For the next five days, I continued to meet girls – about four to five a day. On Monday, Jalvi’s family contacted my mother and asked if I would like a second a meeting with Jalvi. The second meeting means that I am seriously considering her as a wife, and she is seriously considering me as a husband. Before I came to India, I was totally against the idea of an arranged marriage, but I had promised my mother I would keep an open mind. After meeting Jalvi, I had realized that she had all the qualities I was looking for in a future-spouse; the only difference is that I was not in love with her. So after carefully considering the situation, I told my mother to go ahead and plan a second meeting. On Tuesday evening, Jalvi and I were taken to a private country club, where we sat on swings for two (amidst a beautiful garden) and talked about marriage and what we wanted. You see, in India girls and guys are raised to wait until marriage to experience love. They are raised with the idea that family-ties are more valuable than anything else. When an Indian girl or an Indian guy gives you his/her love; it is complete, innocent, and loyal. I liked Jalvi’s personality, her aspirations, her interests, her humor, morals, and family values. Of course, it didn’t hurt that I thought she was attractive. She had thought the same of me, and even though we were not in love, we both knew that because both our families got along and because we shared similar interests and life goals, we could get along. In Indian tradition, when two people marry, its not individuals that are joined, but entire families. After all, how many times have in-laws ruined a marriage? I thought carefully about the decision I was about to make. I reasoned to myself that I could come back to America and look for a girl to fall in love with that would have these qualities. There was a chance I would find it, and there was a chance I would not. I knew that my cousins had successful, happy marriages, and the love does come. So I told Jalvi that I am favorable to an engagement, and she told me the same. The next day, Jalvi’s family called my family and they gave their approval for their daughter to marry me. I told my mom, that I also wished to marry her, and we gave them our approval also. Because I was leaving on Sunday, our two families hurried to set up an engagement ceremony, which was held the next day.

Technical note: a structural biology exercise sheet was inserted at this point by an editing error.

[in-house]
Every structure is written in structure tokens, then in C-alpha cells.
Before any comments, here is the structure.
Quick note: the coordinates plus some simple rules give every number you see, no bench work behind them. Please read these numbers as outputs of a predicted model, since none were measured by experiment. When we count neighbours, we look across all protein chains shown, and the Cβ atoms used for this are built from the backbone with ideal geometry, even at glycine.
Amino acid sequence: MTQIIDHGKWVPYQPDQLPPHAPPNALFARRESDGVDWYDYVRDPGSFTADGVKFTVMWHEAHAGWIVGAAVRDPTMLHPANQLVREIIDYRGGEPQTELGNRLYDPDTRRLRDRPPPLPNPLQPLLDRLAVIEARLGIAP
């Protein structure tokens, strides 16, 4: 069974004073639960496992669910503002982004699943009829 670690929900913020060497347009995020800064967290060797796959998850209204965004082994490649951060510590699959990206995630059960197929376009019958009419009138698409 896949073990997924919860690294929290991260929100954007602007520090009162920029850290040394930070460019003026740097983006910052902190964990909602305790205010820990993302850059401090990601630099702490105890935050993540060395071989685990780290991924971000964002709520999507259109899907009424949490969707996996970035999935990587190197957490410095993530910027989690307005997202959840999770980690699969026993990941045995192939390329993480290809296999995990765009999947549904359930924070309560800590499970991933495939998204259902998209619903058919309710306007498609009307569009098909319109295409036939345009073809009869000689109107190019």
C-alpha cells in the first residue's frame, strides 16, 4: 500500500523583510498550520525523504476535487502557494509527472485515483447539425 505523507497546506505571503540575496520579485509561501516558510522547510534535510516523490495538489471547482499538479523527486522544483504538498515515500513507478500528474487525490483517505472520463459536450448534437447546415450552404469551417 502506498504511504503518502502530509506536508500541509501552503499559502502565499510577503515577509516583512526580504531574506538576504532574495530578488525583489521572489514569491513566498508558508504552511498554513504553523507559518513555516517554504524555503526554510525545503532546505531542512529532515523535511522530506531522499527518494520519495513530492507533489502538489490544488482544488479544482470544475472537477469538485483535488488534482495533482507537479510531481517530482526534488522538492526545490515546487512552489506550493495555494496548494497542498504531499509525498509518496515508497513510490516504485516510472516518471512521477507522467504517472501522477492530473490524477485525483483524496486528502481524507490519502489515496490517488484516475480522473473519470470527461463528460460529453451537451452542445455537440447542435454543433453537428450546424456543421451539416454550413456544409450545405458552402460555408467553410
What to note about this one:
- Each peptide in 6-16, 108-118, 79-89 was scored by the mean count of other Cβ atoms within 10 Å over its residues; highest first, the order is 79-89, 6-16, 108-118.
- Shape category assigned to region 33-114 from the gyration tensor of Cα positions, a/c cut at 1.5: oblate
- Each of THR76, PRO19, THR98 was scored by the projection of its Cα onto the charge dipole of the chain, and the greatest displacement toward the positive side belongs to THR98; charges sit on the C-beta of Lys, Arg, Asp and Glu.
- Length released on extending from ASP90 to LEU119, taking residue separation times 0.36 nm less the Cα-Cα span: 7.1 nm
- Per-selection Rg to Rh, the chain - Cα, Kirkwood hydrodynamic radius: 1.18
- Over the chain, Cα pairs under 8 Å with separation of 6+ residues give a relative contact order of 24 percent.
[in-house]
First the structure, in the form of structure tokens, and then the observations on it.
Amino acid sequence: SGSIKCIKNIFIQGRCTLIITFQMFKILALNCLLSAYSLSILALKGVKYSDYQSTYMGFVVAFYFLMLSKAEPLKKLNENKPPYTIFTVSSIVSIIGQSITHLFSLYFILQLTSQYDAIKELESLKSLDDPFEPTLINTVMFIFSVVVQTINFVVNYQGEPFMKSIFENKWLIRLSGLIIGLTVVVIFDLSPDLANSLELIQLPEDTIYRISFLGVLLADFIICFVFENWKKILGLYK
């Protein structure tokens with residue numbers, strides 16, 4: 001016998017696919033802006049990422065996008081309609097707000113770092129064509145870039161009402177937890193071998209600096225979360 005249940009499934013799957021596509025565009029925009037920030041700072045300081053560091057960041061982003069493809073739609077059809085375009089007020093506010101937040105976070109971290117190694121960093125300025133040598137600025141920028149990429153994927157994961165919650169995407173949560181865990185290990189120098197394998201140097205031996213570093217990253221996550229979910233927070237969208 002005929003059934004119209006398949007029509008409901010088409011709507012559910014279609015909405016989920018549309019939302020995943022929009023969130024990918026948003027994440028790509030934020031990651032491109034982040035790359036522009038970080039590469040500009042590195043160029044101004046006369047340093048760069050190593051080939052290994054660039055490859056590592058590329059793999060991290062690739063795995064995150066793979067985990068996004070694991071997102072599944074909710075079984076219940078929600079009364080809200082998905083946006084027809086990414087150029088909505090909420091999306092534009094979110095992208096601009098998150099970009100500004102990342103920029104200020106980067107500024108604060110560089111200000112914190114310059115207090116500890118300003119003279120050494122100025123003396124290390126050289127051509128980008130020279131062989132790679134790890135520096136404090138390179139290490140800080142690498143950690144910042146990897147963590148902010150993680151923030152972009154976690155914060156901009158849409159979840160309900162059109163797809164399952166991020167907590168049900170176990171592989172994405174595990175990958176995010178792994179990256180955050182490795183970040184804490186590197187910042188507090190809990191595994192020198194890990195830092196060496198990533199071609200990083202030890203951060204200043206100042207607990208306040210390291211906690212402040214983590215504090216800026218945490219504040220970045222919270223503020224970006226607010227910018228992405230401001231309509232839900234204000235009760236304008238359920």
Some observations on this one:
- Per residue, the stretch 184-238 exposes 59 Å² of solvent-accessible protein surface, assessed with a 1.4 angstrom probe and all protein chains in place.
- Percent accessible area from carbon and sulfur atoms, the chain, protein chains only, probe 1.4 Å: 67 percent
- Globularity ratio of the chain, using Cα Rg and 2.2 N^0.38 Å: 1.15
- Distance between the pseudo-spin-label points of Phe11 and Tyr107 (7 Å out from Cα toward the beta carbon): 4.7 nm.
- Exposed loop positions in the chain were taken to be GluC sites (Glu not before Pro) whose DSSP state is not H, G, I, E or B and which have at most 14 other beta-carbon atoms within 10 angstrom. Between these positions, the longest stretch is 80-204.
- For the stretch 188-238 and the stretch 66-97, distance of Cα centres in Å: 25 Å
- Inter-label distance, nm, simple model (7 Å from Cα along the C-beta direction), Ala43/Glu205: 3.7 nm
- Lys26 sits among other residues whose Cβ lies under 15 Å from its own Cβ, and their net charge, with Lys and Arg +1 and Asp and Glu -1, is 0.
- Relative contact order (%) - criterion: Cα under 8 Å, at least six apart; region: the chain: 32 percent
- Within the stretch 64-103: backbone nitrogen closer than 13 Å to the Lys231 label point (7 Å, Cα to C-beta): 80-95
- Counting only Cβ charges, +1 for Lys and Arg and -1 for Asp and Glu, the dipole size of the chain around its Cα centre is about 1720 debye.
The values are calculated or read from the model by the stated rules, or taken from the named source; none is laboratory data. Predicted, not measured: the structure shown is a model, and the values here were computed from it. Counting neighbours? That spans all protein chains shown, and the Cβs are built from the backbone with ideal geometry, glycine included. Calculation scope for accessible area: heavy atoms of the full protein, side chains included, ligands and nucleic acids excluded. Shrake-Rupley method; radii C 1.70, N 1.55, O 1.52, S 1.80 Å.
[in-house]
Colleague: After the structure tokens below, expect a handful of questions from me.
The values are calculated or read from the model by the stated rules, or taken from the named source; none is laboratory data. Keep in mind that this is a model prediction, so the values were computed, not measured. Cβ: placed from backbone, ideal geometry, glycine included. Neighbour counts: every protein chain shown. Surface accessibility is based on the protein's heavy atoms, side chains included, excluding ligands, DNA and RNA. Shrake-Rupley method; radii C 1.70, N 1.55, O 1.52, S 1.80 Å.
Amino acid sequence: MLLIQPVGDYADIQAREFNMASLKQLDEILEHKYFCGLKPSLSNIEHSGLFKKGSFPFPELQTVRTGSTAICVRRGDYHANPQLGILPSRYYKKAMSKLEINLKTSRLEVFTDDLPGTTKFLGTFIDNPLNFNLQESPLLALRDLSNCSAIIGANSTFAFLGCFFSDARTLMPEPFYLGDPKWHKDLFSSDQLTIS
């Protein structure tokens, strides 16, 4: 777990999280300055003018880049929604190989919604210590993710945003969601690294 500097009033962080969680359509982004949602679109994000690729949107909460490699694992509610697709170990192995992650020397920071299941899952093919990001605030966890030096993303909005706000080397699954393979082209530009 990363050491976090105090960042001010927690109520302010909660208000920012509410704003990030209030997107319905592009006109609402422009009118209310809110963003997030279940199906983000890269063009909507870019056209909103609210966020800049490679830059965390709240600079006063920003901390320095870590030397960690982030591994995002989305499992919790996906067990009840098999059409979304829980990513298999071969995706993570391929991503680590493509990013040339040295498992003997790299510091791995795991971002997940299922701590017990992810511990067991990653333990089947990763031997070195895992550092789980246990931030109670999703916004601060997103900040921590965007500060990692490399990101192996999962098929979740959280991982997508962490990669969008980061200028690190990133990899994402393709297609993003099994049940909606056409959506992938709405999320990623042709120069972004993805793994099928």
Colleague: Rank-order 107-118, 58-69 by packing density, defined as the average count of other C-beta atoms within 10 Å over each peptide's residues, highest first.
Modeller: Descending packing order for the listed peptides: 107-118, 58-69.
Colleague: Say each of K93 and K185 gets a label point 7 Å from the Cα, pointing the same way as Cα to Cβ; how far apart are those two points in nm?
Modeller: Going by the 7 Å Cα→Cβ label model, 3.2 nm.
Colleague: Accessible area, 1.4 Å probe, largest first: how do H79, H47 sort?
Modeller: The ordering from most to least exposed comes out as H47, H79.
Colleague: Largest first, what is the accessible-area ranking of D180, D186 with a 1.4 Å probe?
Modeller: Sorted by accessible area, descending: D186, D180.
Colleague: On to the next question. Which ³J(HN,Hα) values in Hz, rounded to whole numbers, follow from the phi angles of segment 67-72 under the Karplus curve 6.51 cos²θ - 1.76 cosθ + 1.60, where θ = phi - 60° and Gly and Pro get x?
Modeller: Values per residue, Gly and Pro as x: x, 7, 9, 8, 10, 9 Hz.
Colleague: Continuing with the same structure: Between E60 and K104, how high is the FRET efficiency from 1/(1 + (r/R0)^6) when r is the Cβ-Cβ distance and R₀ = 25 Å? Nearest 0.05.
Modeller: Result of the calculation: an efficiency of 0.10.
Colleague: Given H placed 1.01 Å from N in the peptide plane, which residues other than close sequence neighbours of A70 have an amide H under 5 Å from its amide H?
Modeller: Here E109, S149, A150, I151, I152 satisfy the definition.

At my father’s home, the men from her family came to give their blessings. Meanwhile the women from my family went to fetch Jalvi and bring her back – a symbol of bringing her into my home. After a short ceremony, we were both taken to her family’s home, symbolizing Jalvi’s family’s acceptance of me into their home. We then had a short ring ceremony and celebrated. Even on only a few hours notice, we had about 75 people at our ceremony – all family and close friends.

I went to sleep that night wondering if I had made the right decision, whether or not she would fall in love with me. The next day, the earthquake hit, and I soon found out what it meant to have the love of a traditional Indian girl. She was bound to me as I was to her. She had waited her entire life to give her love to someone, and now that she had found that someone, she would not hold back. As the driver picked me up and took me to her home, I found her sitting on the stairs, anxiously waiting for me. I later found out from her sister that Jalvi refused to eat or move from her place until I came and she knew I was safe. In India, only 2% of marriages end in divorce. What I didn’t mention was that 90% of those that do end in divorce were Western style marriages. In just a day, Jalvi and her entire family had taken me in as part of their family, giving me their unconditional love. I had not just gained a future life partner, but also a sister, parents, cousins, uncles, and aunts; all of whom who would care for me as if I were their own. On hindsight, I would have been foolish to have given this up and chance my finding a girl just like her. I too was falling in love with her, and I know that we will have a happy life together.


(C) Saurin Shah